The below picture shows the main sequence of a star forming, and proves why molecular clouds are important.

  • Starts with a molecular cloud( Without the cloud there would be no stars at all)
  • Then gravity collages that part the cloud
  • The cloud starts to flatten into a disk shape, while a prostar is formed in the heated core
  • The prostar becomes a ful fledged star, and the disk around the star stars forming protoplanets
  • The protoplanets begin to collect more debris and form their own orbits around the star
  • The new stellar system is born, with plants orbiting the star

Big image

Research Log

May 7th

  • what molecular clouds are made of
  • what they do
  • the basic parts of a molecular cloud
  • how they are created

  • learned of the Pillars of Creation
  • tells of how dense they molecular cloud is
  • How the pillars and other molecular clouds can be destroyed
  • what we see is what happened 6000 years ago

  • Bok Globules (another name for molecular clouds)
  • multiple stars can be born in a core
  • appear as dense clouds darker than the stars when looked at with the naked eye

  • the size of molecular clouds
  • gravity is the force pushing the cloud together
  • the core heats up as gravity forces inward
  • a prostar is created and the part of the cloud will start to spin
  • Nuclear Fusion is the force keeping the star from collapsing

May 16th

  • photo of the Orion Molecular CLoud Complex
  • that it is indeed a molecular cloud
  • it is 1300 light years away

  • also called a dark nebula
  • the clouds are opaque
  • they are visible to the naked eye
  • Coalsak Molecular cloud
  • the clouds magnetic field support its from the affects of gravity

  • R136
  • the largest star nursey near by
  • produces the largest stars which are blue
  • photo of R136
  • They stars will "pop-off like a string of firecrackers in a few million years"

May 18th

  • they are also the birth place of planets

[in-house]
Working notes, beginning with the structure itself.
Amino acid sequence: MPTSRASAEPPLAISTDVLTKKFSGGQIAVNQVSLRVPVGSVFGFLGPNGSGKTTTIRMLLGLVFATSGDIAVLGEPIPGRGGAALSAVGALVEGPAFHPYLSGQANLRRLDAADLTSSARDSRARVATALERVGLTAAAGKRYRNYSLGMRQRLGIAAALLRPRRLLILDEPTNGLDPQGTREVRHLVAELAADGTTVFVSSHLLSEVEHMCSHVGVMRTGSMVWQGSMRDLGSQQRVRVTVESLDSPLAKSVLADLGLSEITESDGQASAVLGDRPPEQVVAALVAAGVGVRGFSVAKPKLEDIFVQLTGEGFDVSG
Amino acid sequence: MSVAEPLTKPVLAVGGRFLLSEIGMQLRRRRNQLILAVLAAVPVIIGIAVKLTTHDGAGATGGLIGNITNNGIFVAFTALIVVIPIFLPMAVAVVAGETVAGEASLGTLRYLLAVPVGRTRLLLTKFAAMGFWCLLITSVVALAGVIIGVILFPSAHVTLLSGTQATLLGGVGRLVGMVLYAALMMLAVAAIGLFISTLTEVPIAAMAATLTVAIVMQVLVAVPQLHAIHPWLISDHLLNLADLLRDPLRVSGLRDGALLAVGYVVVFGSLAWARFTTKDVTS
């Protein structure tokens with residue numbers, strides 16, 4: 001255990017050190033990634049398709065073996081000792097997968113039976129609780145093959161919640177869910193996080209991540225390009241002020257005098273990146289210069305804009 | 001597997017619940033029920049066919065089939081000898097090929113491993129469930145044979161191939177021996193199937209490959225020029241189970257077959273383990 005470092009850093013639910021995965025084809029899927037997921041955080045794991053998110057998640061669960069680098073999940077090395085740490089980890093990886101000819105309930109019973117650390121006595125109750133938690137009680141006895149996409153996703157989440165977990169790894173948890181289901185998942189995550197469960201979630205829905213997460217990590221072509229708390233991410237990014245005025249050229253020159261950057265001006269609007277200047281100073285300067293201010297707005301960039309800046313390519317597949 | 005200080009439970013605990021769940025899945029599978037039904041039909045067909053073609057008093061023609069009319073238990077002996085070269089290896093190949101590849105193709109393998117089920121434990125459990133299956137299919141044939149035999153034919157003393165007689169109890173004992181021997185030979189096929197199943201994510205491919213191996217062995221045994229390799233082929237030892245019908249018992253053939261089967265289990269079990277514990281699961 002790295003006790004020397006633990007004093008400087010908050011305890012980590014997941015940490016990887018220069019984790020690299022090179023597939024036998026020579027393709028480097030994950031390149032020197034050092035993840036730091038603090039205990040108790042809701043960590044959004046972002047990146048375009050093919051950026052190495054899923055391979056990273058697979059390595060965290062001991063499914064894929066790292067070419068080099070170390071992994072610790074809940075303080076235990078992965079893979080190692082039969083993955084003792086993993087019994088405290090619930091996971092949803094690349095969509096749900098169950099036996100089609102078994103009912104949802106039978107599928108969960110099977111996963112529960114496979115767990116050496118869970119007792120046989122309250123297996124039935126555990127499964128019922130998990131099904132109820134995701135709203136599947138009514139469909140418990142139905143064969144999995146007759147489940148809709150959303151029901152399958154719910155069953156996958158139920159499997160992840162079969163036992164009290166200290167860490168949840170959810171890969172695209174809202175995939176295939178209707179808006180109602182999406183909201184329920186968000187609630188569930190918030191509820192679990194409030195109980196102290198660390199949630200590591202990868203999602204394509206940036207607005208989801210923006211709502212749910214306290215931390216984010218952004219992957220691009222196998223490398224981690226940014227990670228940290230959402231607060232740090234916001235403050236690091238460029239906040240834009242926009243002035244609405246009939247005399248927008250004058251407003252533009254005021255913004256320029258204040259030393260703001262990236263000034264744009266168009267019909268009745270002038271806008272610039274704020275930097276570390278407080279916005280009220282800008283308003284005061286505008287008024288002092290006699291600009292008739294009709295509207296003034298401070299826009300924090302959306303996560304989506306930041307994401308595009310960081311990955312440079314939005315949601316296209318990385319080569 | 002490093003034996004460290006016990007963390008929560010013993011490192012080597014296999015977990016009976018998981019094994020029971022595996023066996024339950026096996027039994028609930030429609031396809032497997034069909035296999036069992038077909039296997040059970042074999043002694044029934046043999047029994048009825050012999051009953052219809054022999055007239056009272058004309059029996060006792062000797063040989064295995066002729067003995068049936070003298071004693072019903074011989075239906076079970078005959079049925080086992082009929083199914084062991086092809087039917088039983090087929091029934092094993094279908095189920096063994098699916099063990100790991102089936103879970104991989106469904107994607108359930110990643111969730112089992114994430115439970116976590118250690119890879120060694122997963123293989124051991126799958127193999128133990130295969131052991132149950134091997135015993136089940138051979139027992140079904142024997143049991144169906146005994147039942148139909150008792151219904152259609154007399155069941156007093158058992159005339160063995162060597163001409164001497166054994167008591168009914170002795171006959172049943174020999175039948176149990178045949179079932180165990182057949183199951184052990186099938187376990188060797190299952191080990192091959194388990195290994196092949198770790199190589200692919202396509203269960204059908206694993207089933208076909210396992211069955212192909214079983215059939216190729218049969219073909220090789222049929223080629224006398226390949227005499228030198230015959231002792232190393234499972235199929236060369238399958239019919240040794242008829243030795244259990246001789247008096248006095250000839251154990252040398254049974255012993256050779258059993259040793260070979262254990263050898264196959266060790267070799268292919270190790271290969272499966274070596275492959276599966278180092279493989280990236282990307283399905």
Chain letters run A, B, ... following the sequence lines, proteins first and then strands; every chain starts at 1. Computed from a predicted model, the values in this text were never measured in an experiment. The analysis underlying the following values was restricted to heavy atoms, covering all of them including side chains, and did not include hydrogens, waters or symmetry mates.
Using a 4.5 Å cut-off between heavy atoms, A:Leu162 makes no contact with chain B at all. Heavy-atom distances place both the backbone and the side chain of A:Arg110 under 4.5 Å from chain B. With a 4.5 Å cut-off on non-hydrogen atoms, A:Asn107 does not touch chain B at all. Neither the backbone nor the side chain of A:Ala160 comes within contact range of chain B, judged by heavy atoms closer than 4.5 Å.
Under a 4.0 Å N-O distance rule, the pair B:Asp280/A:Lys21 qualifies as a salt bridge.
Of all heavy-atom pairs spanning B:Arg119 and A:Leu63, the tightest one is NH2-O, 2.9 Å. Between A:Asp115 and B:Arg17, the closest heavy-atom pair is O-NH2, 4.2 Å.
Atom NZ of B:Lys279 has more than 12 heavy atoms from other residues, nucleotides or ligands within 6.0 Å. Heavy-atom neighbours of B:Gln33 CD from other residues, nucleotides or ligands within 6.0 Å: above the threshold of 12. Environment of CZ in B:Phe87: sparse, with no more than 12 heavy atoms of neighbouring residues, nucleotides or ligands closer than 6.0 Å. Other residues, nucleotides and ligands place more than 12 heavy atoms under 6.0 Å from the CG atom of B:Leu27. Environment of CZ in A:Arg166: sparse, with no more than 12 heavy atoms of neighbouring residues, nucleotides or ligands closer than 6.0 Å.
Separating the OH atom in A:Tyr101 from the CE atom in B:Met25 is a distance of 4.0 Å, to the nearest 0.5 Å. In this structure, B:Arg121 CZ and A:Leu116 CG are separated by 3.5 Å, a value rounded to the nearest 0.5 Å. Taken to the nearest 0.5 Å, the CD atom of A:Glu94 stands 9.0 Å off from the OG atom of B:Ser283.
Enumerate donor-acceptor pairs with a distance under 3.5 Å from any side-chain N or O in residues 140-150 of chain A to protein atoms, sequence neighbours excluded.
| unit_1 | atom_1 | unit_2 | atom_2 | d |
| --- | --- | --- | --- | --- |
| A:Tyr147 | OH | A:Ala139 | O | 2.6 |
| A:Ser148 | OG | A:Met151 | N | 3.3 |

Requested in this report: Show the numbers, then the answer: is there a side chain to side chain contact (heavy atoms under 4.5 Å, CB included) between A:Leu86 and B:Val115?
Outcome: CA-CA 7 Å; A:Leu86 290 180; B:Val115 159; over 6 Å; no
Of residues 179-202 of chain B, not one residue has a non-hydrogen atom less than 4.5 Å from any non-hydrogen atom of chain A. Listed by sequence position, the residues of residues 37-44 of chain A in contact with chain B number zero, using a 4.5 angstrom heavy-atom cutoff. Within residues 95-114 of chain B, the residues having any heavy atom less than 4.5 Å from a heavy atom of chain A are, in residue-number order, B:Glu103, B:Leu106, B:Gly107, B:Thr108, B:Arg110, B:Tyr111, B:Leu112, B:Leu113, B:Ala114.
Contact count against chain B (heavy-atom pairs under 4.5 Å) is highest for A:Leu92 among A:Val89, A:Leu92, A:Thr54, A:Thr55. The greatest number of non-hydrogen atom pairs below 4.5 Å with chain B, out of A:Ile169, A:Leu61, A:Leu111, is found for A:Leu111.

• the clouds are very cold to start of having a temperature of -263 to -223 degrees Celsius
  • infrared rays can see through the cloud
  • The Hubble space telescope first used infrared lights to view molecular clouds

  • example of how the pillars are being destroyed
  • why they are in the shape of pillars
  • the spitzer space telescope took photos of the pillars

  • William and Carol Hershel first discovered them in the sky in the eighteenth century
  • the real first photo was taken by Barnard in the nineteenth century
  • clouds are majorly important as they formed all the stars in our galaxy

May 19th

  • how the clouds first start creating stars
  • they either collide
  • or the pressure from a supernova helps the cloud first start forming clouds
  • several stars can be formed at a time

  • Perseus arm photo
  • It is one of the milky way galaxies spiral arms
  • creating stars eight times larger than our sun

Citations in MLA format

Anissimov, Michael. "What is a Stellar Nursery? ." wiseGEEK. N.p., n.d. Web. 7 May 2013. <>.

Astrophysical Journal Letters, . "Milky Way's Vast Molecular Clouds --Creating the Chemical Precursors of DNA." dailygalaxy . The National Radio Astronomy Observatory, 1 May 2013. Web. 18 May 2013. <>.

Blake, Leesa, et al. On Science 9. Canada: McGraw-Hill Ryerson Limited, 2009. Print.

Brill, Richard. "How is a star born?." Scientific America. Nature America Inc, 6 Dec. 1999. Web. 7 May 2013. <>.

Cain, Fraser. "How Does a Star Form." Universetoday. n.p., 26 Jan. 2009. Web. 19 May 2013. <>.

Greg. "The Orion Molecular Cloud Complex." Outerspaceuniverse. N.p., 14 Jan. 2010. Web. 16 May 2013. <>.

Harvard-Smithsonian, Center. "Bok Glodules." Physorg. N.p., 4 June 2010. Web. 7 May 2013. <>.

Keller, Jim. "Molecular Clouds." Cool Cozmos. n.p., 18 Oct. 2011. Web. 18 May 2013. <>.

Lada, Charles J. "Molecular CloudsNear-Infrared Extinction and Molecular Cloud Structure." ifahawaii. n.p., n.d. Web. 18 May 2013. <>.

Mathis, John S. "Molecular Cloud." Brittanica, 2009. Brittanica. Web. 16 May 2013. <>.

Nosowitz, Dan. "Unbelievable Hubble Shot Captures the Biggest "Star Nursery" Nearby." Gizmodo. Gawker Media, 15 Dec. 2009. Web. 16 May 2013. <>.

Smith, Stephen. "Crumbling Pillars." Thunderbolts. N.p., 21 Nov. 2012. Web. 7 May 2013. <>.

+A youtube video with the link-